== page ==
I’d like to make a less loungey version of this pattern in the future, especially since I really like the hood and the split neck with this pattern. All of the other versions of this pattern I’ve seen have been made up in a sweater knit, and I think I’d get a lot of wear out of a sweater-knit hooded pullover. When I make it again, I would cut a straight XL and do an FBA to get a more fitted look through the bust. I’d also narrow the shoulder a bit more and take out some of the excess width from the upper back. I’d also like the sleeves to be a bit more narrow.

Vogue 8951 Hood Detail

I have a couple of heavier, slouchy cardigans that I wear around the house all the time during winter but I wanted something lighter weight for spring. And I think Aidan wanted me to stop wearing his hoodies. Given this goal, I’m really happy with how this turned out. The fit is relaxed and very comfortable, the fabric is just the right weight for cooler spring days, and the hood is useful for hiding from the world when the writing is especially trying.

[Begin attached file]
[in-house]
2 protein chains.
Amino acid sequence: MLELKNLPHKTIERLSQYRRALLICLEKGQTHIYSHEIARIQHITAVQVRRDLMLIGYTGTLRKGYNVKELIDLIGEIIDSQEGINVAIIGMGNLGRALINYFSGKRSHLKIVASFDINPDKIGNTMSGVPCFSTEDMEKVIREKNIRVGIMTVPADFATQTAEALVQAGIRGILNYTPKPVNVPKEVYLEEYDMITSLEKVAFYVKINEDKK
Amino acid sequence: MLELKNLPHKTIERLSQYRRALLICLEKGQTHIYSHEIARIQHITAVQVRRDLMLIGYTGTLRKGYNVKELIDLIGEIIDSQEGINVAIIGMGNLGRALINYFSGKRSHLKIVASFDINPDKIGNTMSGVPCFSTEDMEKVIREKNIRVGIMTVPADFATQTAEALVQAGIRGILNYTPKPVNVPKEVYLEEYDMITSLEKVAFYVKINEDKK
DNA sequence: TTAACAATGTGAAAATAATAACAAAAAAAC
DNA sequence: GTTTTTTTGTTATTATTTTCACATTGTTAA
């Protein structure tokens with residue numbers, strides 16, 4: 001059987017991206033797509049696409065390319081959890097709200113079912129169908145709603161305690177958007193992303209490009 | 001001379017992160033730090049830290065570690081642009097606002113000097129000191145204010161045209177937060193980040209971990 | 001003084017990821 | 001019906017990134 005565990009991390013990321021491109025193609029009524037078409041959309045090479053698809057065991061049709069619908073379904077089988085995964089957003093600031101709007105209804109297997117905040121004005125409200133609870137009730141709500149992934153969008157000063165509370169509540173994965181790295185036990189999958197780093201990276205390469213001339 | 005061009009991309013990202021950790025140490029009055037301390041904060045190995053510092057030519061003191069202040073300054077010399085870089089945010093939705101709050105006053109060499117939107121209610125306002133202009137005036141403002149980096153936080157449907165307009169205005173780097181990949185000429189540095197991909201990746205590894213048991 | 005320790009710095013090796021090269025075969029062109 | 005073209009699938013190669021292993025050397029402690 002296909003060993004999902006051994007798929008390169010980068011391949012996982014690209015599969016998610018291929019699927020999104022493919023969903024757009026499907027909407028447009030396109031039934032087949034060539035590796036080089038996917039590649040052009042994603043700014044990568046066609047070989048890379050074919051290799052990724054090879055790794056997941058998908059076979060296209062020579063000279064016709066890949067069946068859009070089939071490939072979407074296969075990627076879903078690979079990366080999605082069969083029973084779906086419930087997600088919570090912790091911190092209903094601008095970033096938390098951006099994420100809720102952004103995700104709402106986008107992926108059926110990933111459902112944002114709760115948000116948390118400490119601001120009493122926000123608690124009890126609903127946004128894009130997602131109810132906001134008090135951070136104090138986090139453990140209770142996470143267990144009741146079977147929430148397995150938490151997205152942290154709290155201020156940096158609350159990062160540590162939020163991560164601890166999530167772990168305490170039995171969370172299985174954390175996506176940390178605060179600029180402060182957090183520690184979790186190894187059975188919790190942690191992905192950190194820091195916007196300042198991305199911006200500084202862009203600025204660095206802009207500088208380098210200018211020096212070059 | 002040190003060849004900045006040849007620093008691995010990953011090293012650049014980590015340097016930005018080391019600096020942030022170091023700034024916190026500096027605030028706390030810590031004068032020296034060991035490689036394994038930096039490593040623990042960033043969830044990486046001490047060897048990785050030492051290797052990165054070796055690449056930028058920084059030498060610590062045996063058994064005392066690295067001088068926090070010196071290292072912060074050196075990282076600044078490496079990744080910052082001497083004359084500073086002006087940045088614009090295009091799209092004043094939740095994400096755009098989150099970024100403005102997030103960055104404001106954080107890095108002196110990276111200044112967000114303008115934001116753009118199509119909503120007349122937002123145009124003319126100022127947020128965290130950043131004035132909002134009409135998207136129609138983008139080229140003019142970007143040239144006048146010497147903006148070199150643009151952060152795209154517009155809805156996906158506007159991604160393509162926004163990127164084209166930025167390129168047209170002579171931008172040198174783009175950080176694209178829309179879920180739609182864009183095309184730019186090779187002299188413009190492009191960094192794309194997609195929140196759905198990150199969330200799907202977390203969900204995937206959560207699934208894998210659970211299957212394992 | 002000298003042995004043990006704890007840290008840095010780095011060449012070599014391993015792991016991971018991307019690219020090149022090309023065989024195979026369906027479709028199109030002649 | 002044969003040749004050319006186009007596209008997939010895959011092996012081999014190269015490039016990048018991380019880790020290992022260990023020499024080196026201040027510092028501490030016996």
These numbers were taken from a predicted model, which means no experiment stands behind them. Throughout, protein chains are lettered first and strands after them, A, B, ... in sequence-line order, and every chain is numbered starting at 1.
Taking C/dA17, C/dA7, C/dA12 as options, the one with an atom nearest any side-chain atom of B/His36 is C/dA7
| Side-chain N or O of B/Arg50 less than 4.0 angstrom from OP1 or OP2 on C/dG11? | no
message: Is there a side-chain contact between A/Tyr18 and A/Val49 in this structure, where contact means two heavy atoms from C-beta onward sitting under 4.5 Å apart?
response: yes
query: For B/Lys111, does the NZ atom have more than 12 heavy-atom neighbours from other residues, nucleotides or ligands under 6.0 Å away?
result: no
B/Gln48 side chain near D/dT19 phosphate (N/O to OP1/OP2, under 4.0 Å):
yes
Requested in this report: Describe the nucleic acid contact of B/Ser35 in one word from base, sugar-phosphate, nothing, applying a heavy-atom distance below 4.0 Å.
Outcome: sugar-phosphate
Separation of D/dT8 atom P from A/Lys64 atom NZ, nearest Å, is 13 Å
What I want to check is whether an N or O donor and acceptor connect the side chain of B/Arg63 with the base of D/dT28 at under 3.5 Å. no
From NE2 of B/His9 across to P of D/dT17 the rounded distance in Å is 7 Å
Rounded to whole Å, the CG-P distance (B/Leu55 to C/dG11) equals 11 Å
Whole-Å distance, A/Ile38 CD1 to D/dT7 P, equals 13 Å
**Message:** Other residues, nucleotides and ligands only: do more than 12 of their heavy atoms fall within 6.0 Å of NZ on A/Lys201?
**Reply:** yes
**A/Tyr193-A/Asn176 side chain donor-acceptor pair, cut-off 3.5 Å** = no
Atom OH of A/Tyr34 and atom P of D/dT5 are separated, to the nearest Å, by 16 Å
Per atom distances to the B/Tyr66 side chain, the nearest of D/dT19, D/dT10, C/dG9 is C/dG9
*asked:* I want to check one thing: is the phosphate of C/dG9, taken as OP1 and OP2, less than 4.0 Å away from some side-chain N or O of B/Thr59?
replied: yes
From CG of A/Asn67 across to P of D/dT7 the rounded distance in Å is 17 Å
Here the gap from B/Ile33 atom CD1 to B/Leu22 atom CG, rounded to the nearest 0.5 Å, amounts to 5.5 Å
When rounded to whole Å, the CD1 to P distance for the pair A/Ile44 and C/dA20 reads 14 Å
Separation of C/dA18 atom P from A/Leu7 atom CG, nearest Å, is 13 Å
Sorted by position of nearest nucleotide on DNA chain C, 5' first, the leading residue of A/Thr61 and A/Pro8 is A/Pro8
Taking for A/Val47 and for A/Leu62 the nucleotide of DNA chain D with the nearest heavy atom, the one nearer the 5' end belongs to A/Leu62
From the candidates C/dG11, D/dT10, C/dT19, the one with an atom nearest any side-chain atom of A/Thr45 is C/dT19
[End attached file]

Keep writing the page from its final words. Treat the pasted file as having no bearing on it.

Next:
If you’ve got any tips about successfully photographing a black garment that don’t involve washed out, over-exposed photos, I’m eager to hear them!

May MAGAM Plan

So I’ve already made two garments for myself this month (my gray Birgitte tee and my chevron camisole), but I’m still planning something different as my official Make A Garment A Month project for May. I’ve been wanting a light-weight hoodie for awhile and have actually been wearing one of Aidan’s around the house lately. So this month, I’m going to try my hand at Vogue 8951. I’m planning to make view B with the hood and kangaroo pocket. I’ve got a black cotton interlock for the main fabric, but I’ll be adding a contrast hood lining using this red, gray, and black chevron jersey.